Serious Eats: Recipes
Dinner Tonight: Pasta alla Puttanesca
The lore of Pasta alla Puttanesca, which translates as "Whore's Pasta," varies: some say it refers to the spicy, pungent aroma produced by its ingredients that enticed passing customers; others claim pragmatically that this out-of-the-larder dish was the easiest thing workers could prepare between customers, and cheap to boot. People cook it today because it has a remarkable flavor, is easy, and is made of ingredients easily kept on hand.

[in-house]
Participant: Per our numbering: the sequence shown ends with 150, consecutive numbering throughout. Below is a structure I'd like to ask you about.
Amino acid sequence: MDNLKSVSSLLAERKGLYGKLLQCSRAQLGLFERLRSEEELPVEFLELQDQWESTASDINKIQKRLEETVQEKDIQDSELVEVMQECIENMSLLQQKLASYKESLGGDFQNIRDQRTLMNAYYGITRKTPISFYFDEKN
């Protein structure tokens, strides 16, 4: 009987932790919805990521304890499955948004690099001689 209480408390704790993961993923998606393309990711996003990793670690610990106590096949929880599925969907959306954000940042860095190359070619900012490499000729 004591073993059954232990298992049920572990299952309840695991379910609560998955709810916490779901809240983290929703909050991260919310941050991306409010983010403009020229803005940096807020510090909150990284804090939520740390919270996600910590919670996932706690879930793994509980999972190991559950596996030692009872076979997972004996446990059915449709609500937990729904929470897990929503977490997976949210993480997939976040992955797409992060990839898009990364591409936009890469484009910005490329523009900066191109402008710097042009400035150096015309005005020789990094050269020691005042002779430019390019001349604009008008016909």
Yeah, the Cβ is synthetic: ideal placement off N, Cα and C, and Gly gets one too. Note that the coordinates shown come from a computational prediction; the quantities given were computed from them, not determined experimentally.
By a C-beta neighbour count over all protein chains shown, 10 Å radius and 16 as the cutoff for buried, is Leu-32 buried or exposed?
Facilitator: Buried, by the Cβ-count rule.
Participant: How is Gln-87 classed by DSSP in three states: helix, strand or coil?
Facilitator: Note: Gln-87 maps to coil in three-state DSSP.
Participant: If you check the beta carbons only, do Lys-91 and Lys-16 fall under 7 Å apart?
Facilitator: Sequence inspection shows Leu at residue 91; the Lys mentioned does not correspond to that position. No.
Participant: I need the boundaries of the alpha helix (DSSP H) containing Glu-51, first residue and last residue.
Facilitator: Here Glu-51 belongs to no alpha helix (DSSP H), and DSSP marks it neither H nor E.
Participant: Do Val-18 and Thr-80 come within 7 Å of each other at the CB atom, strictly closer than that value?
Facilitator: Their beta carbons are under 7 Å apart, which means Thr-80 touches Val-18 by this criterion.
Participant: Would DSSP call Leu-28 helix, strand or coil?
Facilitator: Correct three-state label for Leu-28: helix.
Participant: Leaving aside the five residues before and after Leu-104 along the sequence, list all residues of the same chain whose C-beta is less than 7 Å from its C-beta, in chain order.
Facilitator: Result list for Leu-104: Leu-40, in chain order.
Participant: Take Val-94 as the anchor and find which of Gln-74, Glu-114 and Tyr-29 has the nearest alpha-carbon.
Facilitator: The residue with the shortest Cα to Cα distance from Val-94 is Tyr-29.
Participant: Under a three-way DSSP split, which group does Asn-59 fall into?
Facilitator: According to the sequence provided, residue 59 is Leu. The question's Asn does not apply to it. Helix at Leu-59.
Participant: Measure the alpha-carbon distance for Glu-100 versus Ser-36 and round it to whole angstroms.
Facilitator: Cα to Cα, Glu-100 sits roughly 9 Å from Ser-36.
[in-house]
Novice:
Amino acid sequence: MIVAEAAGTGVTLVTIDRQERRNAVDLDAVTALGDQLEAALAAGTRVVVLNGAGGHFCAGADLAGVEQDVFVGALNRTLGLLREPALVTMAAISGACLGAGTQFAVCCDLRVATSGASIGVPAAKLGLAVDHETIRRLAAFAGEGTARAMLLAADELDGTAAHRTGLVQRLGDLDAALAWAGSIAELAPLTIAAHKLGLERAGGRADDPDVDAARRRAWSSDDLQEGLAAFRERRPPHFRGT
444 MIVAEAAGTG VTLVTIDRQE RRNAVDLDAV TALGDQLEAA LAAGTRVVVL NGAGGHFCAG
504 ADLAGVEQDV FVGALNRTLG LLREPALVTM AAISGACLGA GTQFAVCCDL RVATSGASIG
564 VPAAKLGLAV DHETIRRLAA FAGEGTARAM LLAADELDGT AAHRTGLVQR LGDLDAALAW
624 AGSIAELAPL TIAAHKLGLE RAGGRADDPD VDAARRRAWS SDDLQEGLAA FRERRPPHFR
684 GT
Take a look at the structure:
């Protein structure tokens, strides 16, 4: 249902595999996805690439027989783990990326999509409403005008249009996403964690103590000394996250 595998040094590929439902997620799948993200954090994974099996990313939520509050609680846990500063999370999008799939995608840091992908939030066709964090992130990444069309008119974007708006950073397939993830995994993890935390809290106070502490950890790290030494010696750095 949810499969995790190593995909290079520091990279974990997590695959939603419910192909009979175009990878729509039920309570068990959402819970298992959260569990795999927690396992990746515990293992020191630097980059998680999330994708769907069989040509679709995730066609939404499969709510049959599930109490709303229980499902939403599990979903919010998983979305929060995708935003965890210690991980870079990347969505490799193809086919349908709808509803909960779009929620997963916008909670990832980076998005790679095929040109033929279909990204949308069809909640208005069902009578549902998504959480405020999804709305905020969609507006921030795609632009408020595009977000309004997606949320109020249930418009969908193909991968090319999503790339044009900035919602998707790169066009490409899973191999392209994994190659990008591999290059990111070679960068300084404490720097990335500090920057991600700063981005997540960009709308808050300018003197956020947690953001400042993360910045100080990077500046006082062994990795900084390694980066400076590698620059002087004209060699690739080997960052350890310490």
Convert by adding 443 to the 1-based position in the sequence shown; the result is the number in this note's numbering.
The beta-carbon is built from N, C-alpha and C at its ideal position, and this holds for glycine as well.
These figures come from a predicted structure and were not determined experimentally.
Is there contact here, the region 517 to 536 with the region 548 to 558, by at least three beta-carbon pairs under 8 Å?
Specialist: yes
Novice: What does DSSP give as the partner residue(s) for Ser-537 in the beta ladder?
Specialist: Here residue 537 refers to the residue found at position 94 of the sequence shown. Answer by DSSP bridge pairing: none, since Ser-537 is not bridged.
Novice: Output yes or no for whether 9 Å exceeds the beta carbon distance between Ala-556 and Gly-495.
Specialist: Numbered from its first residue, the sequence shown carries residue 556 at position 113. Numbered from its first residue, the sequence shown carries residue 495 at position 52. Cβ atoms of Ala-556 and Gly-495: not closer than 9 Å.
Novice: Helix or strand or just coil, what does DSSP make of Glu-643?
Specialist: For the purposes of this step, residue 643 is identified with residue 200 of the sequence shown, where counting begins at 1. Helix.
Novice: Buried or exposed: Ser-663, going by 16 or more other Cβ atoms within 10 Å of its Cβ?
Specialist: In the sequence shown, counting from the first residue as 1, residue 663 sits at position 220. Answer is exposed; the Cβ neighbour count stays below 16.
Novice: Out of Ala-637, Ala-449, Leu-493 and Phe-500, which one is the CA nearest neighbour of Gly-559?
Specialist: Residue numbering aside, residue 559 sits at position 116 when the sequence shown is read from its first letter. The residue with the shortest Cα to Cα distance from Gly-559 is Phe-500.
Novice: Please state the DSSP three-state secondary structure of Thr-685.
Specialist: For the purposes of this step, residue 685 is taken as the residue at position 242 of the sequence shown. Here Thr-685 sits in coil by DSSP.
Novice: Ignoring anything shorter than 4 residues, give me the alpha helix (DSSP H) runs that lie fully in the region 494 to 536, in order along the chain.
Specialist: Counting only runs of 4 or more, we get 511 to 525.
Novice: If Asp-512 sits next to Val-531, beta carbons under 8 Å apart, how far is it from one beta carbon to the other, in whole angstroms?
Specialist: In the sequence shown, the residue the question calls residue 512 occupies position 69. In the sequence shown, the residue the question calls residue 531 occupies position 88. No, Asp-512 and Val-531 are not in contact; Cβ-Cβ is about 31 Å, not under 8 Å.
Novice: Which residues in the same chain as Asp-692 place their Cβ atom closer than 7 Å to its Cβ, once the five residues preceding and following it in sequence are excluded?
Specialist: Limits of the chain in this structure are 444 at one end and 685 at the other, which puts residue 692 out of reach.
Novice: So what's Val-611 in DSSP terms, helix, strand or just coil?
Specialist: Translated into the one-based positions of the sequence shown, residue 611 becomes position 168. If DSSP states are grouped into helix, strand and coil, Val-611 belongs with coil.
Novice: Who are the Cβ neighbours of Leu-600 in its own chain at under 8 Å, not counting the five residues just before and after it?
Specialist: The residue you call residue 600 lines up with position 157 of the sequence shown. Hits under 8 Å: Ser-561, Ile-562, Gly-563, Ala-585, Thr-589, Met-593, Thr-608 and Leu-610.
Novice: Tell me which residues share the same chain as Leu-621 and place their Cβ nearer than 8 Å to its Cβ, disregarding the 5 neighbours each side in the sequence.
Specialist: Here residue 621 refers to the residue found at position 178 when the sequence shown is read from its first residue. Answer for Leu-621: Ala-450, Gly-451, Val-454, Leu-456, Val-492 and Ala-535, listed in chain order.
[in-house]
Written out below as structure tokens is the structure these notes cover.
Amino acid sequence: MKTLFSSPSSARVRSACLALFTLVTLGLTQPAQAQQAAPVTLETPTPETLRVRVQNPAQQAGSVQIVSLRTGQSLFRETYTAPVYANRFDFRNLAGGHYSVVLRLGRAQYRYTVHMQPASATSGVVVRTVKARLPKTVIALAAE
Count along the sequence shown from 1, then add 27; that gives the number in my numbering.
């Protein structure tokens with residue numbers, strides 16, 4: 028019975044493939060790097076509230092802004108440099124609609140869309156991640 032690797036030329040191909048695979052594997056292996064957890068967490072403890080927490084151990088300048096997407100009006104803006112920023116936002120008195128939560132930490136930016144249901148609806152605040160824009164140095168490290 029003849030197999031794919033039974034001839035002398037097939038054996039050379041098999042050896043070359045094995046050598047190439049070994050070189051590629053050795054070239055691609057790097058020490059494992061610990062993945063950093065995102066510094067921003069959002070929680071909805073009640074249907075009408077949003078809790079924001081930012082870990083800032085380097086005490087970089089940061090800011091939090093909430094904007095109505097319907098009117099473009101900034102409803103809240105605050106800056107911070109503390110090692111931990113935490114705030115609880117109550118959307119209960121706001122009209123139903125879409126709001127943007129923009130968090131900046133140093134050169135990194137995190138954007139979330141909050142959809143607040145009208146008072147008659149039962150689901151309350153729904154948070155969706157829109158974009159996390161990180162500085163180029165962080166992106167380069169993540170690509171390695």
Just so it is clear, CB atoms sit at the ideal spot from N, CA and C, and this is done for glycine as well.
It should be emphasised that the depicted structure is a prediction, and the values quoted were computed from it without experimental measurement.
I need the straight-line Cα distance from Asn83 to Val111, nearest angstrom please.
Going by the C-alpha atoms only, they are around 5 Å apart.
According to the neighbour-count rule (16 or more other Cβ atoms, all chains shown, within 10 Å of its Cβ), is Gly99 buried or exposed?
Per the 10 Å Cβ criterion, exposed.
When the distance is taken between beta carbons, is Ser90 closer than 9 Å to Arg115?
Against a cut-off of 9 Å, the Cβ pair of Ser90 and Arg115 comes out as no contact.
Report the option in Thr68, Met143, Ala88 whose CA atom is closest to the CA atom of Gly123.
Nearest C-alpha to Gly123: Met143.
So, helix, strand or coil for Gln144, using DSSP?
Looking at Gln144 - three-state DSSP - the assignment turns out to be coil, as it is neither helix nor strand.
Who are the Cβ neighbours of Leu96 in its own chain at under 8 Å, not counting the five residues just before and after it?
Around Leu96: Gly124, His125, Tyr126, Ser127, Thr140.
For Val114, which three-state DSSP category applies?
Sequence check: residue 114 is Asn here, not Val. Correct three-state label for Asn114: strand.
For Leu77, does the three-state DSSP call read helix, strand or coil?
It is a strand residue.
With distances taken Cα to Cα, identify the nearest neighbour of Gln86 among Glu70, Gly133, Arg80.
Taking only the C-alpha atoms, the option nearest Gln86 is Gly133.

A soffrito of garlic, chili flakes, and anchovy sautéed in oil introduces a sharp, nutty taste to the base of the dish, which is richened with tomato sauce, then speckled with piquant capers and black olives, which give it a sweet brine. Three strong flavors are competing for attention on the palate—anchovies, olives, and capers—so restraining each is essential (so is avoiding salt altogether: there's plenty of it in the ingredients already). The taste should be vibrant, yet smooth, the epitome of balance. A tip on Chowhound recommends the rule of halves, which worked perfectly when I used it: Start with a full amount of olives (say 1/2 cup per pound of pasta) then use half the capers, and half again as many anchovies as capers. Most recipes call for a can of whole tomatoes, which is the simplest and fastest option, but a little homemade frozen tomato sauce is even better. I had some of Batali's Basic Tomato Sauce on hand, which added instant depth. Parsley can also be added for freshness, but i don't find it necessary—I like the silky texture without it.